Good grass growth on Taranaki dairy farms is contributing to high milk flows.
Milk volumes in the lower North Island were still exceeding last year's peak and were 6 per cent ahead of last year, Taranaki Farmwise consultant Phil Fleming said.
There had not yet been a significant decline in milk flow, but from now on it was expected to fall about 0.25 per cent daily until the end of the season.
Milk production on the Taranaki focus farm at Tariki peaked between October 10 and October 20 and is 23 per cent ahead of last season.
Last month it was 16 per cent ahead and it is 13 per cent ahead this month, with average daily production per cow of 1.9kg milksolids. "I'm happy with that and I'd like to sustain it for another month," focus farm host Chris Prankerd said.
Balance date - when feed demand met feed supply - was reached on September 25. Growth rates were maintained at that level until two weeks ago and since then there had been a flush of grass.
However, the grass was now starting to lose its quality so he was endeavouring to catch the excess as silage. In the last few days, he'd cut seven hectares and would cut another 6ha in a week or so.
Although the season had been wet, there had also been good spells of fine weather. However, 40mm of rain on Saturday was "a bit too much".
Temperatures since then had been cooler and it had been windy, so he hoped it would warm up soon. "It's never going to be perfect, but it's been a lot more enjoyable than last season," he said.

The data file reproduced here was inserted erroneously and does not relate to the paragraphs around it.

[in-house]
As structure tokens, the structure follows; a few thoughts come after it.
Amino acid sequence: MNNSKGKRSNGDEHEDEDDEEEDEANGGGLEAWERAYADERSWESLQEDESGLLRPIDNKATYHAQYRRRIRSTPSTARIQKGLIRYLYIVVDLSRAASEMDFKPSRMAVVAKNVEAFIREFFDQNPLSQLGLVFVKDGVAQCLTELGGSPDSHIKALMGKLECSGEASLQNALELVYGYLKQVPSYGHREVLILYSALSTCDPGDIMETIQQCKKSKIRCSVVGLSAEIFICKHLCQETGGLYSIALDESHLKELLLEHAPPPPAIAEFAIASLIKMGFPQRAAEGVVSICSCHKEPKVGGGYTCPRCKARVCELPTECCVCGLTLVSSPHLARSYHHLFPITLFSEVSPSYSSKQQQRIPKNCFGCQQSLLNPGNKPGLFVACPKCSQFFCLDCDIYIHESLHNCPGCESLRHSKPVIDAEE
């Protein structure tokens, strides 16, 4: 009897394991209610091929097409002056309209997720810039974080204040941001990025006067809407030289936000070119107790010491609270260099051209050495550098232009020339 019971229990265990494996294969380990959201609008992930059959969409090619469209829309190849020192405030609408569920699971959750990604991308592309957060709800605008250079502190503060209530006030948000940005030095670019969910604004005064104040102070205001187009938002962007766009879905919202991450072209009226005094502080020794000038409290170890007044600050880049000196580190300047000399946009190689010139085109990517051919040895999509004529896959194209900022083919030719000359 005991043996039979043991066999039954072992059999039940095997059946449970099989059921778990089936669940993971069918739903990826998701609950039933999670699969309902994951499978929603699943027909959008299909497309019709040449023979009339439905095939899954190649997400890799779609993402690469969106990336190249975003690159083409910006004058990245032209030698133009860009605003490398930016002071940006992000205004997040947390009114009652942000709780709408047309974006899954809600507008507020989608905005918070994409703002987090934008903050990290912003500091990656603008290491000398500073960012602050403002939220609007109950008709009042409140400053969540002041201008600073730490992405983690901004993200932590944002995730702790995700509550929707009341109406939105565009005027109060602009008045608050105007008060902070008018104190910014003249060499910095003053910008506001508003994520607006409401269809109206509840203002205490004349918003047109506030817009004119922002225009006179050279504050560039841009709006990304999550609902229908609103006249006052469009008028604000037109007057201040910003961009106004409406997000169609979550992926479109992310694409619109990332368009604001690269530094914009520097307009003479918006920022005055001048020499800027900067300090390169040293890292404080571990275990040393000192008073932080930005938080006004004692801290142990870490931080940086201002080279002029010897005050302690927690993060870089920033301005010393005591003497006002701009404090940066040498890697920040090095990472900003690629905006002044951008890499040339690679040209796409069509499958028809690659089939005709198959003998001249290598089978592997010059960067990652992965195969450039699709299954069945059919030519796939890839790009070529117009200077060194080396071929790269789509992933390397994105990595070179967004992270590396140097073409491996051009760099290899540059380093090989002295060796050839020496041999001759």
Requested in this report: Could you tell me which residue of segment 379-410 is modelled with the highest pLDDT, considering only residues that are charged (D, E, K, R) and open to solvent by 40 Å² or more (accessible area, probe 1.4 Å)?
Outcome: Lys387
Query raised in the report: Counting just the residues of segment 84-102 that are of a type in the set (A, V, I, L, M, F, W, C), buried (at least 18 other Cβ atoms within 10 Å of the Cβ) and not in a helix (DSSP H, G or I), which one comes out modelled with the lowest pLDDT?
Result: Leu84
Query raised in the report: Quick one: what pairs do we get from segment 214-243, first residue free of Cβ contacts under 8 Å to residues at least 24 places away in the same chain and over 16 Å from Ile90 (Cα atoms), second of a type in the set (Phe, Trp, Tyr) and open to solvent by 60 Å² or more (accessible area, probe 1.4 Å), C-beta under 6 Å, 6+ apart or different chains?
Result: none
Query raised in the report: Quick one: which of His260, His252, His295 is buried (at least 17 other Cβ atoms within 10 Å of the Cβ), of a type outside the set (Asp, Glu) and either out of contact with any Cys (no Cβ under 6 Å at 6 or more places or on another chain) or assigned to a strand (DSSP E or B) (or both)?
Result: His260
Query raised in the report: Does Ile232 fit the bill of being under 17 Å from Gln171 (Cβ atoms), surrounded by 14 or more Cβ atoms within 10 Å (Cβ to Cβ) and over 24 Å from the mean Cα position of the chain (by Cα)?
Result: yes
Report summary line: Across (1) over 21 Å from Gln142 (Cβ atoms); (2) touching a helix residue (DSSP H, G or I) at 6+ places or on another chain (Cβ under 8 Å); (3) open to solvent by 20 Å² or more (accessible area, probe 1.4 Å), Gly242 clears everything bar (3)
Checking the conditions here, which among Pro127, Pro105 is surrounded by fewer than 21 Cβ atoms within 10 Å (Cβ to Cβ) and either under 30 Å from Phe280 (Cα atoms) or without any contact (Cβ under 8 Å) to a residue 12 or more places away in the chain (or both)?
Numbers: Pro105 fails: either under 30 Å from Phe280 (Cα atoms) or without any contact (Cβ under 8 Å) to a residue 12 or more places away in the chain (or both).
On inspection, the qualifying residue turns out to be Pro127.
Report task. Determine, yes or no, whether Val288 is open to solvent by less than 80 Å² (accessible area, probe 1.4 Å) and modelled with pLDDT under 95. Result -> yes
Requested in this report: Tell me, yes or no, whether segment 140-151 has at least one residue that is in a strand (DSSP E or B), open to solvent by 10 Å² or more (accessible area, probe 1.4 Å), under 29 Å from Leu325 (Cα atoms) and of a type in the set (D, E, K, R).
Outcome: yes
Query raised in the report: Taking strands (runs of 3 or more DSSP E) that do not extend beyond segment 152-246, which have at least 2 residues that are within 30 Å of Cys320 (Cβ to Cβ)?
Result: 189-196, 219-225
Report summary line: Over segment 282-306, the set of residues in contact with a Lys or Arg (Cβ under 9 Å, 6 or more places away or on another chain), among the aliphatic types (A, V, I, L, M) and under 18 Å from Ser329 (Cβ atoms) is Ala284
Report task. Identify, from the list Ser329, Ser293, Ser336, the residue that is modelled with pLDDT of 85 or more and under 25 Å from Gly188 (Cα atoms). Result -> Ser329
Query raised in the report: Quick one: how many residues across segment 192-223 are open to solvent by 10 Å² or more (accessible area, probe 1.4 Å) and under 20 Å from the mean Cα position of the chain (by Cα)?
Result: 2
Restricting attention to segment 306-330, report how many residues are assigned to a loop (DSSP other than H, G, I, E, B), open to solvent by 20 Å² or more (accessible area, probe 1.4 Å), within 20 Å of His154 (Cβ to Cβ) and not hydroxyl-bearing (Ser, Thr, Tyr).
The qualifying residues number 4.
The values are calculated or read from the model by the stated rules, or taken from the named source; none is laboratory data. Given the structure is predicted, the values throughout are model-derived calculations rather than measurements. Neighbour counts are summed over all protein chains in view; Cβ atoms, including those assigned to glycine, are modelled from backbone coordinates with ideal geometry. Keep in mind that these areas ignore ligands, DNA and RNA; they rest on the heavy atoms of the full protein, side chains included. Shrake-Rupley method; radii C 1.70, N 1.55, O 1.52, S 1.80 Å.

DairyNZ Taranaki regional leader Katrina Knowles said the current season was showing a lot of variation around Taranaki, with a large flush of grass in some areas and less grass in others.
Grass growth slowed after surging early in September and some farmers who adopted fast grazing rounds were caught out by falling soil temperatures.
She said farmers should now focus on maintaining pasture quality.
Farmers should also monitor silage harvesting to ensure it was cut at the right height. Comments were being made that some silage was being mowed too high, compromising the quality of residuals.
Compact calving patterns had put production ahead on many farms and submission rates for artificial breeding were good. Plans should be in place to manage and rotate bulls, she said.
- Taranaki Daily News
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